Month: January 2016

pfSense 2.2.6 Compatibility/Installation of ASRock Q1900-ITX Motherboard

I was expecting this to be a walk in the park but alas it wasn’t as simple as I’d hoped.

I originally intended to install pfSense to a mPCIe-based SSD as the motherboard has got a slot, but sadly this motherboard only supports wifi/cellular cards in this port so presumably the motherboard only has the USB pins on the slot connected and not the PCIe/mSATA pins. Save yourself the effort here and go for a SATA hard drive or SSD instead, it wasn’t worth troubleshooting or fighting with it for me.

My specs:

  • ASRock Q1900-ITX (for what it’s worth, I believe the Q1900DC-ITX is identical apart from having a built in DC PSU instead of the usual ATX).
  • Integral Value 2x 2GB DDR3-1600 RAM
  • Broadcom 10/100/1000 NIC (unknown model, I’ll try and add details later).
  • OCZ Agility 3 60GB SSD
  • 80W DC-DC PicoPSU with 12V 5A power brick

I tried to install pfSense 2.2.6 to this motherboard originally using default settings, with BIOS version 1.6.0 from ASRock. This failed with AHCI Timeout errors when trying to format my SSD.

After finding this post for a very similar motherboard made by Gigabyte, I started playing around more in BIOS.

I then went through the BIOS and disabled any devices that won’t be required for this installation, such as serial/parallel ports, HDMI audio, PXE boot, onboard audio, WAN radio (wifi/cellular card if you’re not using them). I also made some other minor changes such as setting the default graphics card to onboard instead of the default PCIe. SATA controllers are set to AHCI mode, Secure Boot and Fast Boot is disabled, S.M.A.R.T is enabled. Everything under ACPI Configuration is disabled apart from HPET, disabled everything under CSM (Compatibility Support Module).

After making these changes, it installed fine. Interestingly, I did try reverting back to the default BIOS values to try and work out which setting was causing the problem, I believe it is related to Intel C-States but I cannot be sure without getting another clean hard drive to test it on. It seems, that once the BSD boot loader has already been written to the drive, subsequent reinstallations go through fine without any errors at all.

If you’re using an SSD, it’s worthwhile enabling TRIM to prolong the life of it, I used this guide which worked perfectly.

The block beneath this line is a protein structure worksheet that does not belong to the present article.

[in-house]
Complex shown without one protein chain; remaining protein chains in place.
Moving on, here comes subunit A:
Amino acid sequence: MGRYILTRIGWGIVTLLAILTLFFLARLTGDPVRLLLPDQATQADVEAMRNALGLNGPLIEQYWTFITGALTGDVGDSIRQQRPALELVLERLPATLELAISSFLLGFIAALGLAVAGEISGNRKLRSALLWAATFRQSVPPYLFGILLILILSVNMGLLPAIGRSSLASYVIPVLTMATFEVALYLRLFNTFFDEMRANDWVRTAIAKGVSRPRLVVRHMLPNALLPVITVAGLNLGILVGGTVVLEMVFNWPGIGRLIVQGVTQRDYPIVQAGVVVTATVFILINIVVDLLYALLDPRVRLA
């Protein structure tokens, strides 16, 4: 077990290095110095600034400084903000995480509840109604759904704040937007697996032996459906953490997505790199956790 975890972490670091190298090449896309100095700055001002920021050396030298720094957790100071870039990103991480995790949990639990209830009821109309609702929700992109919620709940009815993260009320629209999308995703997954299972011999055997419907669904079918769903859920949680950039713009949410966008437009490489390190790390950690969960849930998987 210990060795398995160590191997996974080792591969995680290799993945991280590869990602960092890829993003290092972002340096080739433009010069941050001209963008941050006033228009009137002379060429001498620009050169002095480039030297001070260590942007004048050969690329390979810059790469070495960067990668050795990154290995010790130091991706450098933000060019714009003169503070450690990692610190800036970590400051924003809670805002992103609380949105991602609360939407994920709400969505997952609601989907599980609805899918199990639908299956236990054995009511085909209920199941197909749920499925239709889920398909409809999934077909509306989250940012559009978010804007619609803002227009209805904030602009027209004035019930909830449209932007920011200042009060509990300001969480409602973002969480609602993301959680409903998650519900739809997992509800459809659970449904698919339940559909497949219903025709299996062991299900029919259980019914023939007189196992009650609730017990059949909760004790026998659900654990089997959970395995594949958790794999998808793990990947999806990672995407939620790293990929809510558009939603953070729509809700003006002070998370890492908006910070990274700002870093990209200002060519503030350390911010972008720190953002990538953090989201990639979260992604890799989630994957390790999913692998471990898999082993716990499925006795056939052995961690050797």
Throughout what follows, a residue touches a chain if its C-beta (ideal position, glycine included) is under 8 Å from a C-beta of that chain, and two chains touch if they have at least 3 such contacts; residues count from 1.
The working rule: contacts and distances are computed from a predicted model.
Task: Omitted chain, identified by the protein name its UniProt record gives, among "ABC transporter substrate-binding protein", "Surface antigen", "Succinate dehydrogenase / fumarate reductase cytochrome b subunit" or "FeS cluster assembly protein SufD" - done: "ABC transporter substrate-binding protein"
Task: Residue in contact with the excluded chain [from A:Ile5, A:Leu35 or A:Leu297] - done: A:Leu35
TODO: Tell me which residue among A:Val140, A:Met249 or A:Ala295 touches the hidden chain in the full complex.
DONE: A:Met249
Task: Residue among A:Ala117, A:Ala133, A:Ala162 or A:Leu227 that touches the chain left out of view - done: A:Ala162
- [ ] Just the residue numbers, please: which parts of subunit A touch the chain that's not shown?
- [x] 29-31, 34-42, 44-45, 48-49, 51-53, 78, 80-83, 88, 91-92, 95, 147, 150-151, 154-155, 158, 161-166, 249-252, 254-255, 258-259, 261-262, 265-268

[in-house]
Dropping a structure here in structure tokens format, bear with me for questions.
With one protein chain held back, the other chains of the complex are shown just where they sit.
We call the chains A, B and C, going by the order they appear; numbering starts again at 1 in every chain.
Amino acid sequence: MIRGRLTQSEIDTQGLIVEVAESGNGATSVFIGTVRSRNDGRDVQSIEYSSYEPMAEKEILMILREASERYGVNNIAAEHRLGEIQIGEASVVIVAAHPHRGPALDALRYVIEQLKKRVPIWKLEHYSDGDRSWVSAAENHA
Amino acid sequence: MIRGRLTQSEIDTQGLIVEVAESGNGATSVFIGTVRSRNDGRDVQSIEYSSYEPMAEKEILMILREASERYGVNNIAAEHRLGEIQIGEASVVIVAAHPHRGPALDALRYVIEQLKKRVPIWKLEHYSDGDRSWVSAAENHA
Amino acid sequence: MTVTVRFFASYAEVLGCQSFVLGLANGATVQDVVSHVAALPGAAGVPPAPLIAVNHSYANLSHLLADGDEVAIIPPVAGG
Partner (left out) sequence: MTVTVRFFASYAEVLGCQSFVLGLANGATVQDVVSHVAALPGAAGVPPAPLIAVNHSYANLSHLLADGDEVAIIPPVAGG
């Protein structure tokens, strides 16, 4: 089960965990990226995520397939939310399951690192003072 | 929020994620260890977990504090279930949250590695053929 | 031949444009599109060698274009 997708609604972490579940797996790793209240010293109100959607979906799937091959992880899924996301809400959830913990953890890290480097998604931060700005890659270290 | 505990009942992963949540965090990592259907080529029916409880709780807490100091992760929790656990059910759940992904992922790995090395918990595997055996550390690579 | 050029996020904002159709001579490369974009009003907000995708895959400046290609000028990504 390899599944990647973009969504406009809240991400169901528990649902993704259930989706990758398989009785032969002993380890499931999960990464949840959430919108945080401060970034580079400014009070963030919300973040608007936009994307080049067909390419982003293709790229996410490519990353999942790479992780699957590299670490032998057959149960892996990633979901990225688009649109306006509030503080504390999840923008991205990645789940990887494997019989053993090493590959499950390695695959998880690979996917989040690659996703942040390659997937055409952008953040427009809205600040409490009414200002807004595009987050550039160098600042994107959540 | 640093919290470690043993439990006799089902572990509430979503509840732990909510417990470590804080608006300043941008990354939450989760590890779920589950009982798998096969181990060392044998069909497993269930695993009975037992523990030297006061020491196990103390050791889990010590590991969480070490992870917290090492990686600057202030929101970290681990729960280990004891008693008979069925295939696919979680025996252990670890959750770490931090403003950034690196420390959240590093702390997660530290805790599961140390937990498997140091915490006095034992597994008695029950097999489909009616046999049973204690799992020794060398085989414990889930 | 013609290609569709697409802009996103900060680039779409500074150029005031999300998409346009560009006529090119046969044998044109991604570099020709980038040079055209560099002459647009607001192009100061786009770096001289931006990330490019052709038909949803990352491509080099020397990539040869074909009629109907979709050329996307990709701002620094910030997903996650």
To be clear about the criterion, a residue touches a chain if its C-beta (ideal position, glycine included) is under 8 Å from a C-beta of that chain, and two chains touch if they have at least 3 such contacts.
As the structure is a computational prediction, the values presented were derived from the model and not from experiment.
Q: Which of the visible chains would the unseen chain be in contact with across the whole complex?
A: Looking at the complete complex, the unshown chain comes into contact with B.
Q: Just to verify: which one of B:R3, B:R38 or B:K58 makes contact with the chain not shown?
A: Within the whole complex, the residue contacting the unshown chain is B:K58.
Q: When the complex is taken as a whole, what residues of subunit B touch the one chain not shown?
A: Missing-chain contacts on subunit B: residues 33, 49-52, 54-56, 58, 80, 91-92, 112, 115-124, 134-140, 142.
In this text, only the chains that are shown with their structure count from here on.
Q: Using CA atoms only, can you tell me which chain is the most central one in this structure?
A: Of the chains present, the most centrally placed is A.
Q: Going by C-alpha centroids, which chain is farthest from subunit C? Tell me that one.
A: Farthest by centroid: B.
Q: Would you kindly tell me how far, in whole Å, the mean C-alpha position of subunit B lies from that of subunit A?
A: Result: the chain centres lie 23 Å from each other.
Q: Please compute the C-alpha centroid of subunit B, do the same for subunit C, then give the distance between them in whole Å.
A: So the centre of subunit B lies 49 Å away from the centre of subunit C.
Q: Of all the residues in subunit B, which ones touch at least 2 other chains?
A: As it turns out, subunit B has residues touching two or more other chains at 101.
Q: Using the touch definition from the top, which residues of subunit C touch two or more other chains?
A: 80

After all of this, I’ve successfully got pfSense 2.2.6 full install up and running on the ASRock Q1900-ITX motherboard.


Fix for Windows 10 Start Menu and Settings/Wifi/Volume Screens Not Working

Recently I encountered an issue where the Start menu, along with the wifi, volume and control panel screens would not open on Windows 10.

After a lot of searching I discovered the following four fixes which may resolve the problem.

1. Microsoft troubleshooter

Microsoft is aware of an issue relating to the start menu and settings screens, they have created a troubleshooter and fix for this issue, however in my case it did not detect the problem but it’s worth a try anyway, you can download it here.

2. Reset/re-register some control panel files

This will attempt to repair some settings and files related to the control panel.

Press Win + X on your keyboard to bring up the menu, click “Command Prompt (Admin)” and copy/paste the following:

powershell -ExecutionPolicy Unrestricted Add-AppxPackage -DisableDevelopmentMode -Register $Env:SystemRoot\ImmersiveControlPanel\AppxManifest.xml "

Press Enter and wait, it doesn’t seem to specifically tell you how far it has progressed or when it has finished but I would suggest waiting 20 minutes.

3. Reinstall default windows apps

This will attempt to reinstall all the standard Windows apps like the Store, Windows update, Control panel etc.

Press Win + X on your keyboard to bring up the menu, click “Command Prompt (Admin)” and copy/paste the following:

powershell Get-AppXPackage -AllUsers | Foreach {Add-AppxPackage -DisableDevelopmentMode -Register "$($_.InstallLocation)\AppXManifest.xml"}

Press Enter and wait. Like the above fix it does not tell you how far it has progressed or when it has completed but as it needs to do a lot of work I would suggest leaving it running for about an hour.

4. System File Checker

Out of all the fixes this one takes the longest so I have listed it last so you can try some of the quicker ones above first. This will check each and every Windows system file to make sure it is present and not corrupted. It will repair/replace any files which are causing problems.

Press Win + X on your keyboard to bring up the menu, click “Command Prompt (Admin)” and copy/paste the following:

sfc /scannow

Press Enter and let it do it’s thing. It can take anywhere from 30 minutes to over an hour in some cases but it will show the progress and tell you when it has finished.


After you have tried each fix above, restart your computer (press Win + X to bring up the menu which shows the shutdown/restart buttons if your start menu is not working) and hopefully one of these will have resolved your problem. Let me know in the comments if it worked for you and if you still have problems afterwards I’ll do my best to help.